There is no evidence of person-person transmission of Lyme disease. There is no credible evidence that Lyme disease can be transmitted through air, food, water, or from the bites of mosquitoes, flies, fleas, or lice.

The tick must attach at least 24 hours for transmission. Removing a tick quickly (within 24 hours) can greatly reduce the chance of getting Lyme disease.

Clinical Manifestations

If left untreated Lyme disease can produce a wide range of symptoms, depending on the stage of infection. These include fever, rash, facial paralysis, and arthritis.

Stage 1: Early localized infection

After an incubation period of 3-32 days, an annular maculopapular lesion develops at the site of the tick bite called erythema migrans, commonly involving the thigh, groin, and axilla. It may be absent in 20% of cases. Classic erythema migrans rash appears as “bull’s-eye”.

Erythema migrans can present itself in many different forms.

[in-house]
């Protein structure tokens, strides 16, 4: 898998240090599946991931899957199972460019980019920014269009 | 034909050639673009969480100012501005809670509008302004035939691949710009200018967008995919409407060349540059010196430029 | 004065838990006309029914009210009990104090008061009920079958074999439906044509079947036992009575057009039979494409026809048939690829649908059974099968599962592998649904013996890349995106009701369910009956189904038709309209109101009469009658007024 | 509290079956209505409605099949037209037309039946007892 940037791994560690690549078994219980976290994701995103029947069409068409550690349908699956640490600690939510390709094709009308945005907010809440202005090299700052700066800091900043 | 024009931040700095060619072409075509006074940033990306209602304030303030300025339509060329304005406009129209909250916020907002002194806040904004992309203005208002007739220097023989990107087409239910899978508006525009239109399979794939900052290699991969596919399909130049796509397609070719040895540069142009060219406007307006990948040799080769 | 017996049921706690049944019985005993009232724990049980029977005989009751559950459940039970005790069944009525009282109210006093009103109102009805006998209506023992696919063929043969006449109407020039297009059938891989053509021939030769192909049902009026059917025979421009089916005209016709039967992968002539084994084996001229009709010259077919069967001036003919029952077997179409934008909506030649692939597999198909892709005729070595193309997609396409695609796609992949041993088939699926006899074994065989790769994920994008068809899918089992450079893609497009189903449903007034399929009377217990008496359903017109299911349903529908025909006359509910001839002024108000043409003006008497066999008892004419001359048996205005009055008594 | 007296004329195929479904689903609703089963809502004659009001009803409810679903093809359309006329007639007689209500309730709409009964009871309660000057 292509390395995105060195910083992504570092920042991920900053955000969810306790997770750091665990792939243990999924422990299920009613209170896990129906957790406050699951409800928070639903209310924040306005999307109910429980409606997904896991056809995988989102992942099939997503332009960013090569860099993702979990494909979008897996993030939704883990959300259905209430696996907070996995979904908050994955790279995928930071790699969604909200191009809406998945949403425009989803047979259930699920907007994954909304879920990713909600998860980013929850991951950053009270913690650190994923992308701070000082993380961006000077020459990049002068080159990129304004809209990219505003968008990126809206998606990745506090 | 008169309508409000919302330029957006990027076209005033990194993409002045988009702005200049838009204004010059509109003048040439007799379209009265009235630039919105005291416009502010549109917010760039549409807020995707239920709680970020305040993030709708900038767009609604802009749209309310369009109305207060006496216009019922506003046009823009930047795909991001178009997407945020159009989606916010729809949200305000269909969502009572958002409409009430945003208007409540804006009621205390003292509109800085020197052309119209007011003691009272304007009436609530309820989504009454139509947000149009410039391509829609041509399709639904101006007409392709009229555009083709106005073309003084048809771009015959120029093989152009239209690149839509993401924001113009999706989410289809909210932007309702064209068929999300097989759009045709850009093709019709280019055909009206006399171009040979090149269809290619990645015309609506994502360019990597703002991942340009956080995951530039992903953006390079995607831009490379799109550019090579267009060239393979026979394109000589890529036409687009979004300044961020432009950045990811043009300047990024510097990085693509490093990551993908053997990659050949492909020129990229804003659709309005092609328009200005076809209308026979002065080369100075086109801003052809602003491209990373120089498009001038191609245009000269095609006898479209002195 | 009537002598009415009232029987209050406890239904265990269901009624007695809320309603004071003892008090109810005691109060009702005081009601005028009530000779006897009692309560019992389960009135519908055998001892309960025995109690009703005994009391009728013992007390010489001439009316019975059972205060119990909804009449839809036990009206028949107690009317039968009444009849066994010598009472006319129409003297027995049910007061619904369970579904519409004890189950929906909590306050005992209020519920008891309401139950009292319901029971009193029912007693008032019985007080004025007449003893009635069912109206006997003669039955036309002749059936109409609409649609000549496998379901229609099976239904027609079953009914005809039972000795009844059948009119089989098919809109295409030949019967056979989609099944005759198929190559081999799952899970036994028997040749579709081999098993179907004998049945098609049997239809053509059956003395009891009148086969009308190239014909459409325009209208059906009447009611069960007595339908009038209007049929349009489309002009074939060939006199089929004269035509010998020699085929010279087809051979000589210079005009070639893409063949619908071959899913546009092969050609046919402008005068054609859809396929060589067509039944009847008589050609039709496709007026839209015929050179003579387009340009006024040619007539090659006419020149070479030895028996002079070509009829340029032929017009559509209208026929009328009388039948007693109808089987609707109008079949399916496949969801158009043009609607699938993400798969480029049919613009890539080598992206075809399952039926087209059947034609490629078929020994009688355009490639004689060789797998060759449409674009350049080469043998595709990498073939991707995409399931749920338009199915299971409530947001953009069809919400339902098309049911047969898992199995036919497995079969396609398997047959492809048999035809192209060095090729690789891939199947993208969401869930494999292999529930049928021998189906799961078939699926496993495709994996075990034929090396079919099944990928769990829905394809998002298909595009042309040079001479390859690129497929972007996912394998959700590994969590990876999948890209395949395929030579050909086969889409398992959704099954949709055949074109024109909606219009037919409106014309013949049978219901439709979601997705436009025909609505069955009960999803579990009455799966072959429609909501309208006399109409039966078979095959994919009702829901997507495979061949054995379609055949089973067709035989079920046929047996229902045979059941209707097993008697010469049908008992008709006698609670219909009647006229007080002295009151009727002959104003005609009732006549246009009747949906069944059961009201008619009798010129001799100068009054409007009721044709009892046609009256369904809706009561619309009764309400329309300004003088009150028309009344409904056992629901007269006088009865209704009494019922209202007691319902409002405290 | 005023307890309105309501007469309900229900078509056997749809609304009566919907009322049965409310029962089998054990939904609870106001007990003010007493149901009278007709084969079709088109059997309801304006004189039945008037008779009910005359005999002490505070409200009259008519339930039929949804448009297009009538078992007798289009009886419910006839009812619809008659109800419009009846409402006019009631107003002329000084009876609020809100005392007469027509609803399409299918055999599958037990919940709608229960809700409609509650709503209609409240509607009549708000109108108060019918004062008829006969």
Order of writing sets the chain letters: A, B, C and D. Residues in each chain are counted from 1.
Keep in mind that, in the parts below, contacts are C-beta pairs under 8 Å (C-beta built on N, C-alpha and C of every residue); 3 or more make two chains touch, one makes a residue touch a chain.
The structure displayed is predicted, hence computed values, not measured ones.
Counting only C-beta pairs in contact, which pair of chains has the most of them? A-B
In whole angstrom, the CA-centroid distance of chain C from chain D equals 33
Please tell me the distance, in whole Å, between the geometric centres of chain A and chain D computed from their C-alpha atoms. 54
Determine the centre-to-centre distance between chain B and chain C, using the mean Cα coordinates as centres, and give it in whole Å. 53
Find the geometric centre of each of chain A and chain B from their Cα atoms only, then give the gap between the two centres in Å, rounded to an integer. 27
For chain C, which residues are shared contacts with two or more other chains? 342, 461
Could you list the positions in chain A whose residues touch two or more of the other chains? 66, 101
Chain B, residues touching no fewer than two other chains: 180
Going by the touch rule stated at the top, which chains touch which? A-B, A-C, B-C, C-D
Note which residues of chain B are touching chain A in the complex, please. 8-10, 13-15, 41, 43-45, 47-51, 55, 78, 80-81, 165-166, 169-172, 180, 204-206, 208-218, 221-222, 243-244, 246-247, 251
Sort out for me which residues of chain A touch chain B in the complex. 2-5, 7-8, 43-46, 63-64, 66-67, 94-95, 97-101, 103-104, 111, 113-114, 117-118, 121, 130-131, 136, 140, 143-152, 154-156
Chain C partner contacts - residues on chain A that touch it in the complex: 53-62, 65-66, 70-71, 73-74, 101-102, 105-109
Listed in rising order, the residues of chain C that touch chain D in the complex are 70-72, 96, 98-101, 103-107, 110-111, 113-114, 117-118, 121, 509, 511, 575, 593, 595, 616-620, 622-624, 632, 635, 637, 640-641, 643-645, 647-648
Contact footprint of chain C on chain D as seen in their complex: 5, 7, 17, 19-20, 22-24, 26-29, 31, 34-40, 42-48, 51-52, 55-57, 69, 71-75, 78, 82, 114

Different types of rash seen in Lyme disease. Not everyone will have “bullseye”  rash.
(Image source)

Stage 2: Early disseminated infection

If untreated, B. burgdorferi spread hematogenously to many sites within days or weeks resulting wider range of symptoms. These symptoms usually appear weeks or months after infection and can include:

  • Secondary annular skin lesions (more or larger rashes covering more parts of the body)
  • Musculoskeletal pain (arthralgia)
  • Profound malaise and fatigue
  • Bell’s palsy (facial paralysis)

Neurological abnormalities occur in 15% of cases and include meningitis, encephalitis, and typical lymphocytic meningoradiculitis seen in cases from Europe and Asia; called Bannwarth syndrome. Cardiac involvement occurs in 8% of cases, including atrioventricular block.

Stage 3: Late persistent infection (Lyme arthritis)

Symptoms of late disseminated Lyme disease can appear months or even years after infection. Symptoms in this later stage of infection are more severe and include:

  • Frank arthritis involving large joints (especially the knees), lasting for weeks or months in a given joint.
  • Inflammation of the heart
  • Inflammaton of the brain, etc.

Laboratory Diagnosis

Sample depends on the clinical presentations and may include blood, CSF, or scrapping from skin lesions.